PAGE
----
Ha, I was wondering the same thing as Alicia.

SpiderWomanKnits July 3, 2008 at 5:24 am

Happy First Egg! We just brought home 8 ladies in April and are anxiously waiting for them to start laying. The Nesting Boxes are fluffed and ready to go! Our Barred Rock Gals are so social, they are our “lap hens”. Sadie Star looks like a sweetie too. Next year I want to add a Buff Orpington or two they are so beautiful.

Congrats on your new additions! It’s the best watching your kids interact with them isn’t it? My son is such a good “chicken farmer” and I’m convinced my baby daughter learned to walk much earlier so could chase after them 🙂

heather jane July 3, 2008 at 7:07 am

So sweet. Maybe you should blow the egg out and glitter it. With gold glitter. Come on, I know you love glitter. 🙂

Jody July 3, 2008 at 7:08 am

Yay for new chickens! I just love reading about your chickens. You should think about writing a childrens story about them! You have a wonderful narrative voice.

Mandy July 3, 2008 at 7:58 am

I am so in love with your sons. And not in a creepy internet stalker kind of way, but in a “i just want to hug them and tell them how sweet they are” kinda way. That is the cutest story!

Rachel L July 3, 2008 at 8:41 am

Your new chickens are just beautiful! I love chickens anyway but this post struck a chord with me even more – I was born in Orpington (in Kent, in the UK) and our local pub there was the Buff Orpington! That first egg looks perfect, I bet it will taste delicious! Looking forward to the next episode. x

Kate July 3, 2008 at 9:24 am

You do know, don’t you, that the excitement, encouragement, praise, tenderness, sympathy and joy that children show others is simply a reflection of what they’re shown and how they’re treated. Those are some sweet boys you have, and obviously you’re doing a fine job raising them. 🙂

Great little story. One for the memory books, definitey. His kids will enjoy it some day.

MadWomanMeg July 3, 2008 at 9:58 am

Those are some mighty fine hens lady! I love reading about the way your boys look after them, worry about them and love them. You’re absolutely right when you say they’ll make good hubbies and daddies. You’re raising some good stock there….

erin July 3, 2008 at 10:10 am

woo hoo!
so happy those chicks found a home with you.

mandy July 3, 2008 at 10:17 am

Amazing pictures!

golden July 3, 2008 at 1:17 pm

Wow! Who knew a photo of a prized egg in a child’s hands could be so breathtaking! I felt like he was right before me sharing the wonder of what he found!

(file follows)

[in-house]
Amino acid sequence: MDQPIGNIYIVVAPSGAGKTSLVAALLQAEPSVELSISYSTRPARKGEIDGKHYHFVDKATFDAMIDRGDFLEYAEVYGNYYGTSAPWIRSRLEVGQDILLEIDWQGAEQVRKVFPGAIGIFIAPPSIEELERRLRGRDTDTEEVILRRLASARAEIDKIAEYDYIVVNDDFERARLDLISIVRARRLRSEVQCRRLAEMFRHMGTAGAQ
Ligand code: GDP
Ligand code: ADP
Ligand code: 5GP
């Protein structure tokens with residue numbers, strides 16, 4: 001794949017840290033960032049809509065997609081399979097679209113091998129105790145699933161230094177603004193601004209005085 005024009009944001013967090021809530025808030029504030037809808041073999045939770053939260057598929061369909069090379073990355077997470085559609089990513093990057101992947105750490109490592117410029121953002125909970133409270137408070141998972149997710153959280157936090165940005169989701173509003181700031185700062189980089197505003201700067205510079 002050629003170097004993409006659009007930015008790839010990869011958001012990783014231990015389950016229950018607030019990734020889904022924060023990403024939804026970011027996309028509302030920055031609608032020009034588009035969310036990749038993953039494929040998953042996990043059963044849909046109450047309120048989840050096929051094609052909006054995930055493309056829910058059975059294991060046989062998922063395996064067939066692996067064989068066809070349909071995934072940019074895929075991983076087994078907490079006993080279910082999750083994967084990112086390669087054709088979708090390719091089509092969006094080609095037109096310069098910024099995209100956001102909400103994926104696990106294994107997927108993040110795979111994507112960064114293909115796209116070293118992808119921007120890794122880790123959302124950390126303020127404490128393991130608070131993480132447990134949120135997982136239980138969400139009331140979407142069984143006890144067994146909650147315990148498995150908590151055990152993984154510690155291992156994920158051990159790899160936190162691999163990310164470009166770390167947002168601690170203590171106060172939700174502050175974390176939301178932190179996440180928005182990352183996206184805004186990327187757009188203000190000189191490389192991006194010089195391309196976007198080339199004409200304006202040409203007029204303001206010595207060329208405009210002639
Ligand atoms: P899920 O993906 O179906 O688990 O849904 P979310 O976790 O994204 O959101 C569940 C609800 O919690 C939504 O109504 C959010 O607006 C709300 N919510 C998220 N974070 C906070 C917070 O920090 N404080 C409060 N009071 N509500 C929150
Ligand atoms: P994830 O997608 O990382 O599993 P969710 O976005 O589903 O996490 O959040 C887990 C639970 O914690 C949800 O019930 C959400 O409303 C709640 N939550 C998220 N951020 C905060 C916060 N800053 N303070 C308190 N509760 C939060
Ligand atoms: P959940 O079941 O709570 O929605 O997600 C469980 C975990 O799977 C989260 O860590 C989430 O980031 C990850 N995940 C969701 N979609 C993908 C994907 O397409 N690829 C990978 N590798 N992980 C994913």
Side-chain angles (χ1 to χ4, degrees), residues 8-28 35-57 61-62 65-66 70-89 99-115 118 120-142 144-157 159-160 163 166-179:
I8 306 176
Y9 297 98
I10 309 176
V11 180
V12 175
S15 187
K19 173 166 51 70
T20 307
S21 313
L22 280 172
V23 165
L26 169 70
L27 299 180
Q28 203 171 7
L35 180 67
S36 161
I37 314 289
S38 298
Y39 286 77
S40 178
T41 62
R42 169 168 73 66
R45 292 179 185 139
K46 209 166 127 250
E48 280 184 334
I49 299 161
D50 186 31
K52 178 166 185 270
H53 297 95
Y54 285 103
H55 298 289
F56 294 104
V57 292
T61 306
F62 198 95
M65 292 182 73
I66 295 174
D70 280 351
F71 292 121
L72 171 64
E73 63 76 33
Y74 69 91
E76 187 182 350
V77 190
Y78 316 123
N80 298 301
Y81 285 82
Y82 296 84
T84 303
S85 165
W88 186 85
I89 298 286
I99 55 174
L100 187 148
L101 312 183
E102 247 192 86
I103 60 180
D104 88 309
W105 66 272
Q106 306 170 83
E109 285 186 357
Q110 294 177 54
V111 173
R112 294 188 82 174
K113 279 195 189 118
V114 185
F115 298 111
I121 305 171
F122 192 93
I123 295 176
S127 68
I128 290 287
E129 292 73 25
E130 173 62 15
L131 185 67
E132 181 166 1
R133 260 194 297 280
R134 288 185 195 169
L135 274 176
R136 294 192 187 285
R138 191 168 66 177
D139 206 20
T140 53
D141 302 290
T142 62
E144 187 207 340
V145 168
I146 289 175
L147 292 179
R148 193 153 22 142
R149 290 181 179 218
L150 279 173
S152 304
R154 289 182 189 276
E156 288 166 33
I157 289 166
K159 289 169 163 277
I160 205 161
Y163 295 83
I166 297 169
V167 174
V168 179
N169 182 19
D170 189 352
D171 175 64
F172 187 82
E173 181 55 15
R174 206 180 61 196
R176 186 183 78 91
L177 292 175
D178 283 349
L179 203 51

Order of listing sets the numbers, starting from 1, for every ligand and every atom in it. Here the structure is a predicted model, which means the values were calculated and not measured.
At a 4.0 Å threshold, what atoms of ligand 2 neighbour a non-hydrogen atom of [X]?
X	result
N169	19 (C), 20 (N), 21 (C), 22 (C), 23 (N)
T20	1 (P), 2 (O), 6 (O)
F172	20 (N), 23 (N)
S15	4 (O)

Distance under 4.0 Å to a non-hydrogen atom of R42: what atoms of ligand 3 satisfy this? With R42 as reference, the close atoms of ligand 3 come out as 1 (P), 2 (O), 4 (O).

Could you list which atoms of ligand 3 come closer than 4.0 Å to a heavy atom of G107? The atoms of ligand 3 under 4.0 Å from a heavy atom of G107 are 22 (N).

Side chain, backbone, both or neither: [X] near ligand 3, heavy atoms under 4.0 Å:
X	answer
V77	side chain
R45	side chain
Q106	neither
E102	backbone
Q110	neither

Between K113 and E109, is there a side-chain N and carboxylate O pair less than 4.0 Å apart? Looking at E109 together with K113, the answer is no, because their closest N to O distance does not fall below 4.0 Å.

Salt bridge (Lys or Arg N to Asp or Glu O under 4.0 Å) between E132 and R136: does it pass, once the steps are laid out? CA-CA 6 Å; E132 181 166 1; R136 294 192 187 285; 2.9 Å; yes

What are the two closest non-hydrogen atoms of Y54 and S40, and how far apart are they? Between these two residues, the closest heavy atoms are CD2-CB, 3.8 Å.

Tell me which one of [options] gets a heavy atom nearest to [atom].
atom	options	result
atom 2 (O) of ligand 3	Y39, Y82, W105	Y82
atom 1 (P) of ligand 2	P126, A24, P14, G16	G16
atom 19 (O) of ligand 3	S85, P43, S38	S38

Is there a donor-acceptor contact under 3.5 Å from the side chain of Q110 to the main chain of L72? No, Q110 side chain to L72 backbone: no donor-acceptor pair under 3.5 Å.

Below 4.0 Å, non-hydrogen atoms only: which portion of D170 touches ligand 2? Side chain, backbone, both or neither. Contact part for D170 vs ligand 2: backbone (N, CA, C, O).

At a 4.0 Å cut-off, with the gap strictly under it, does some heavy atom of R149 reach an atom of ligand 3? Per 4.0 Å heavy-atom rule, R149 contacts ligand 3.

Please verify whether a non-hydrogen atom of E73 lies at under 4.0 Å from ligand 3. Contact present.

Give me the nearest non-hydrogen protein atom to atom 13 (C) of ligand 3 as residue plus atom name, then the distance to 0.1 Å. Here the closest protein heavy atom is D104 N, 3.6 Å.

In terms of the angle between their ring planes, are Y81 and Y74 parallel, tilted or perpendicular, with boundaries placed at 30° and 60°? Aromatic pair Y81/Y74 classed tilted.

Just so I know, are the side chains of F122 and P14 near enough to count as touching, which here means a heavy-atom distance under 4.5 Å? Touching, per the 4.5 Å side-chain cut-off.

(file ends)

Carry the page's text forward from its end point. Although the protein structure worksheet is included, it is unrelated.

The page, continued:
Sarah July 3, 2008 at 2:11 pm

i have a sweet tempered 18 m. old daughter. what do you think of arranged marriages? lol..
that was a sweet story though. your hens look so pretty!

misschris July 3, 2008 at 2:20 pm

I’m so glad you are back! Was getting worried about you, girl.

And eggs! How exciting.

Paper Dolls for Boys July 3, 2008 at 7:16 pm

Oh that egg shot is just the sweetest!

I seriously never knew chickens could be so darn pretty! Thanks for teaching this city girl a thing or two.

Happy chickens to you and your family!!!

Berlinswhimsy July 3, 2008 at 8:41 pm

Congrats to you all!!! We almost adopted some grown hens, too… However, we realized we had our hands full already… I love the Barred Rocks—-so pretty!

What is it with boys and chickens? My son is absolutely enamored with our chickens—more so than my daughter! I wonder if your boys feel the same way? It’s very cute.

Maureen July 4, 2008 at 11:51 am

How cool!!! What a great story, and wonderful photos.

Ellie - Petalplum July 7, 2008 at 3:01 am

What a loving father he is. I, too, was thinking that he would be a strong supportive and loving partner for a labouring woman one day in his future. He will hold his newborn up to the sky and look at his woman and delcare you did well my darling, then pass the baby to you reminding you to be careful and gentle.

Lucky hens you have. Thanks for bringing my childhood back with your glorious photos.

Katie July 7, 2008 at 9:31 am

OH the joy! My kids do the same thing, only now they are getting more brave. They will go right into the hen house and take the eggs right out from under the poor hens.

Happy farming!

shelley caskey July 7, 2008 at 11:41 pm

this is just about the sweetest, cutest story i’ve ever heard. really. 🙂